GOP Eyes 146-Year-Old Rule That Could Cut Biden Officials’ Pay to $1 If They Refuse to Testify

OPINION:  This article contains commentary which may reflect the author’s opinion

While the massive red midterm wave that was expected this November looks like it will be a bit smaller, the majority of pundits still believe Republicans will take back the House from Democrats.

Republicans only need a net gain of four seats to take back the House.

Last week, Charlie Crist, a Democratic congressman from Florida, announced that he will resign as he faces Republican Gov. Ron DeSantis in November’s election.

As a result, Democrats will be able to hold fewer seats in the House before the midterm elections, which may complicate their legislative efforts.

“Today, I’m announcing my resignation from Congress. Casework operations will continue under the Office of Florida’s 13th Congressional District until newly elected members take office in 2023. It’s been a privilege to serve Pinellas in Washington. Read my full statement below,” Crist shared in a tweet that included a screenshot of his complete statement.

When Republicans gain control of the House in November, they will begin aggressive oversight of the Biden administration, but a key concern remains: how to pressure witnesses to testify and provide documents if the Justice Department is controlled by Democrats. There is a novel conservative solution to the subpoena issue: defund individual bureaucrats who ignore them.

“I think that they don’t have the right to turn down that subpoena. It seems to me that we’re going to be able to hold you in contempt. Our problem, of course, is the contempt law, the way it’s written, we end up having to go to, of all places, [Attorney General] Merrick Garland. That means getting the Department of Justice, trying to get him to help us enforce that subpoena,” Rep. Andy Biggs said to Just the News.

“We’re probably going to have to look very carefully at how you change that law. Because you can’t go to the enforcer who is not willing to participate.”

Biggs told the “Just the News, Not Noise” television show last week he would like to adapt a century-and-a-half old procedure known as the Holman rule to punish noncompliant witnesses before Congress.

The Holman Rule was created in 1876 and named after an Indiana congressman who conceived of letting any member of Congress move to amend an appropriations bill to single out a government employee or cut a specific program. The measure would have to be approved by a majority of lawmakers in the House and Senate.

The arcane rule had fallen out of sight for decades, but in 2017 House Republicans revived it to allow any federal bureaucrat’s salary to be cut to $1 in an effort to force spending cuts on agencies or programs unwilling to reduce spending.

If a government witness refuses to comply with a congressional subpoena, Biggs believes the rule could be further modified to reduce their pay.

“I anticipate further obstruction on the part of Merrick Garland,” he stated. “But we may have to find a way, to devise a way to go around Merrick Garland to get these people to come in. And that’s why I think [what] we need to do first and foremost is reinstate the Holman rule, so that we get to hold people like Merrick Garland responsible.”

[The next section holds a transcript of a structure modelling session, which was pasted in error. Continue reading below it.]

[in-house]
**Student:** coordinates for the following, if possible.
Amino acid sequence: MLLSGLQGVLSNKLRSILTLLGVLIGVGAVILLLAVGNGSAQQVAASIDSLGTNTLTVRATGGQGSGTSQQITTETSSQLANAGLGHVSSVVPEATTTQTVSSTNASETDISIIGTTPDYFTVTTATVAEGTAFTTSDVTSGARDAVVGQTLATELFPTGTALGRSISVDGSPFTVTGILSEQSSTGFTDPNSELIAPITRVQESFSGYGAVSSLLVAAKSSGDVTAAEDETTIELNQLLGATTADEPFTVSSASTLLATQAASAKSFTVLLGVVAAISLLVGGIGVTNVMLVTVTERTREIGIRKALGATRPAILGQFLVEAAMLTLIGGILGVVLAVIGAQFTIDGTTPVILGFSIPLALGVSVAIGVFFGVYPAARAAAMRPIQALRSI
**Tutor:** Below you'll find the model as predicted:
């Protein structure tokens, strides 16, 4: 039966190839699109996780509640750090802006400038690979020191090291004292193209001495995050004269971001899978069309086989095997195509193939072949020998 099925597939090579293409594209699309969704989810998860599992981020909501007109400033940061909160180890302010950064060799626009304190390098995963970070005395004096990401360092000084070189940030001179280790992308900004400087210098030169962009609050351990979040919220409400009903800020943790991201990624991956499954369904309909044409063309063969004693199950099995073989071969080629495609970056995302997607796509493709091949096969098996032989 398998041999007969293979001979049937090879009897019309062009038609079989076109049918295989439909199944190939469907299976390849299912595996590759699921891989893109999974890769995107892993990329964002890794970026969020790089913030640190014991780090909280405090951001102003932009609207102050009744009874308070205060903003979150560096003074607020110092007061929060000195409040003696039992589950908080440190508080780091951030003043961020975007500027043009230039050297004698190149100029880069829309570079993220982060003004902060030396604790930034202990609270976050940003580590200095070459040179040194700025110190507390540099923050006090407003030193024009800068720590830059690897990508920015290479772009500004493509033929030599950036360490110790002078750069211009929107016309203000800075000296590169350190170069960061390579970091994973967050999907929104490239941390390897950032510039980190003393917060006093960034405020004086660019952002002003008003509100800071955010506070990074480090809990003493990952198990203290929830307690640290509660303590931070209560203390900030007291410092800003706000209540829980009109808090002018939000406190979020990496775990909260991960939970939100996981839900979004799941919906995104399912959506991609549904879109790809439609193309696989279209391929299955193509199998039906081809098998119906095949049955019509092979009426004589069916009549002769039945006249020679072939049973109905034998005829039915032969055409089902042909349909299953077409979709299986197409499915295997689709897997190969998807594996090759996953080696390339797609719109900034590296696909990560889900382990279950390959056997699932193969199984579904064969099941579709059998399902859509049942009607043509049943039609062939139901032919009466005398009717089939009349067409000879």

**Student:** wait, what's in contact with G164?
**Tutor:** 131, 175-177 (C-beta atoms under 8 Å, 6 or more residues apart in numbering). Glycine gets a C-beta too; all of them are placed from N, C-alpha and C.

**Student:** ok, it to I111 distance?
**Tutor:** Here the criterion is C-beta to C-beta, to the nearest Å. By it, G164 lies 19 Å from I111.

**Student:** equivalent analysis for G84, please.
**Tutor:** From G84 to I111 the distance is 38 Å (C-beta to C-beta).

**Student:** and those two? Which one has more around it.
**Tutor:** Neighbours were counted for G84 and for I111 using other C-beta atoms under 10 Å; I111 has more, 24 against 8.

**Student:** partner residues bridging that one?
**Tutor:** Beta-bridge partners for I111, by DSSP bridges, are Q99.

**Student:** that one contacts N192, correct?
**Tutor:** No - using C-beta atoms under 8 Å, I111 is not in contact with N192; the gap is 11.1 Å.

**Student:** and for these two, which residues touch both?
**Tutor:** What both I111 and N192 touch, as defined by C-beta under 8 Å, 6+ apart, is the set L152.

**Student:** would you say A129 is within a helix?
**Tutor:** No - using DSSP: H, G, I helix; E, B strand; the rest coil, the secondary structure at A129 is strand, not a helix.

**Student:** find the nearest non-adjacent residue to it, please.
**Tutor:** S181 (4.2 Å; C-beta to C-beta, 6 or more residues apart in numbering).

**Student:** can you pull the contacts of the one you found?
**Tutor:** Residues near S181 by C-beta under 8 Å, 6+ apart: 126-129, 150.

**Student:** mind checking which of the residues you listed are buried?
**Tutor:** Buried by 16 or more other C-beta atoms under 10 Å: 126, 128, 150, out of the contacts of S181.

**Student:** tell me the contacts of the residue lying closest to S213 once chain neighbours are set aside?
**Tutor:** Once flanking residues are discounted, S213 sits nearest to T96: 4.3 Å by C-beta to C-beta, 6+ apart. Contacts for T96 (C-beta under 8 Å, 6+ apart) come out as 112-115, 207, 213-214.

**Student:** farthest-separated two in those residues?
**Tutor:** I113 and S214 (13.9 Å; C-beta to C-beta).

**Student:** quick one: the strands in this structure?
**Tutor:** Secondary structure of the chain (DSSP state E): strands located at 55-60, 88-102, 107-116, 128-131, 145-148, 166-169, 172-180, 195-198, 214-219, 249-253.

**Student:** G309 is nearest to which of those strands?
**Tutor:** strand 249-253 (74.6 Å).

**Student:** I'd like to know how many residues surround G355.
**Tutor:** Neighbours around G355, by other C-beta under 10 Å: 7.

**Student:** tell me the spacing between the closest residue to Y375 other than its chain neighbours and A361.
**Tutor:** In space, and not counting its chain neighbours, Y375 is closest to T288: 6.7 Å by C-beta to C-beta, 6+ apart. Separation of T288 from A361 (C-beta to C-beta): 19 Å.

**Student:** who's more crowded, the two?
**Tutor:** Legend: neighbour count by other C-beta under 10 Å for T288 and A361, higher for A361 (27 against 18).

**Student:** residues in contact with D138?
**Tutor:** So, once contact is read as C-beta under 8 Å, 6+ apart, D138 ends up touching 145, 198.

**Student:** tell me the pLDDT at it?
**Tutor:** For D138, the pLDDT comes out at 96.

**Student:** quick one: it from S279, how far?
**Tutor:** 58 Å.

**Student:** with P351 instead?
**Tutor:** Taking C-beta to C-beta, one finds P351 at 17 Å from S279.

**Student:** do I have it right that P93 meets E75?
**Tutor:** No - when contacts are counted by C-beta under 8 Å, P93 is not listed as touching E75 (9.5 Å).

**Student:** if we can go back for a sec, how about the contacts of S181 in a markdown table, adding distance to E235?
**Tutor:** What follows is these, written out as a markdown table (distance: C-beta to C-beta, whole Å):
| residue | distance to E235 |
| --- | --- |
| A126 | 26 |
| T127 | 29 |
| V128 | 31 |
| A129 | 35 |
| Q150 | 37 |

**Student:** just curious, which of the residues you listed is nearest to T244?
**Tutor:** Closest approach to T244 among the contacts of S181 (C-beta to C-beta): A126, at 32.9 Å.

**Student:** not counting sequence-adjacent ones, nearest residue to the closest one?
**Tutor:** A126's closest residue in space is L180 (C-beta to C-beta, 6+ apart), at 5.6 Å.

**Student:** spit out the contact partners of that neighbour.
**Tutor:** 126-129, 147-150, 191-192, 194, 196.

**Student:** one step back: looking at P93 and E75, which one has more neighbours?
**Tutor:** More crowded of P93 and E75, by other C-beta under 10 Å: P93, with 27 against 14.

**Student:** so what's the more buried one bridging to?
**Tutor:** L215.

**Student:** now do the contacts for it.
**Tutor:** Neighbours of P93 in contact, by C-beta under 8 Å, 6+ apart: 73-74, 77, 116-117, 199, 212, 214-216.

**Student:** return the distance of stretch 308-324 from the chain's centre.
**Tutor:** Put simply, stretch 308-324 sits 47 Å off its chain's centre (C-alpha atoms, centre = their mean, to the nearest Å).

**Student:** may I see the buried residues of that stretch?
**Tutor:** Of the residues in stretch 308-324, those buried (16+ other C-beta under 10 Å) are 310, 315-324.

“And that Holman rule allows the Congress to basically defund an individual bureaucrat, who is willfully … violating the subpoena power and oversight power of the United States Congress,” Biggs continued.

As a result of Democrats controlling Congress, DOJ was persuaded to prosecute two former Trump aides for criminal contempt of Congress. There was a conviction this summer for Steve Bannon, and there will be a trial in the fall for Peter Navarro.

“But when the White House and Congress were split between the two parties a decade ago during the Obama years, Republicans referred two senior government officials — then-Attorney General Eric Holder and former IRS official Lois Lerner — for criminal contempt, but the Justice Department refused to bring the prosecutions,” according to Just the News.

Those are the types of scenarios Biggs and his colleagues wish to avoid if they take control of the House next year.

The official House website page for the Holman Rule reads in part, “by a vote of 156 to 102, the U.S. House of Representatives first adopted the Holman Rule that sought to institutionalize reductions in government spending through changes in House rules of operation.”

Proposed by the “watchdog of the Treasury,” Representative William S. Holman of Indiana, it modified House Rule 120 which prohibited appropriations “for any expenditure not previously authorized by law.” The only exceptions concerned public works in progress and contingency funds—generally applied as salary raises for government workers.

The Rules Committee reported a change to Rule 120 that would allow legislative language in relevant appropriations bills to cut federal outlays.

Holman explained that the Appropriations Committee held the authority under Rule 120 to increase spending, and now “we shall be able to retrench expenditures.”

Opponents to the new rule, such as former Appropriations Chairman James A. Garfield of Ohio, warned that Appropriations would gain “such a general sweeping power” as “to render obsolete the power of all the other committees of the House.”

Iowa’s John A. Kasson feared that the committee could replace the priorities of the authorization committees with its own.

The House then proceeded to adopt the Rules Committee report. That the vote was along party lines indicated the majority’s expectations that the change would arm them in their upcoming battles with a Senate and President of the opposite party.


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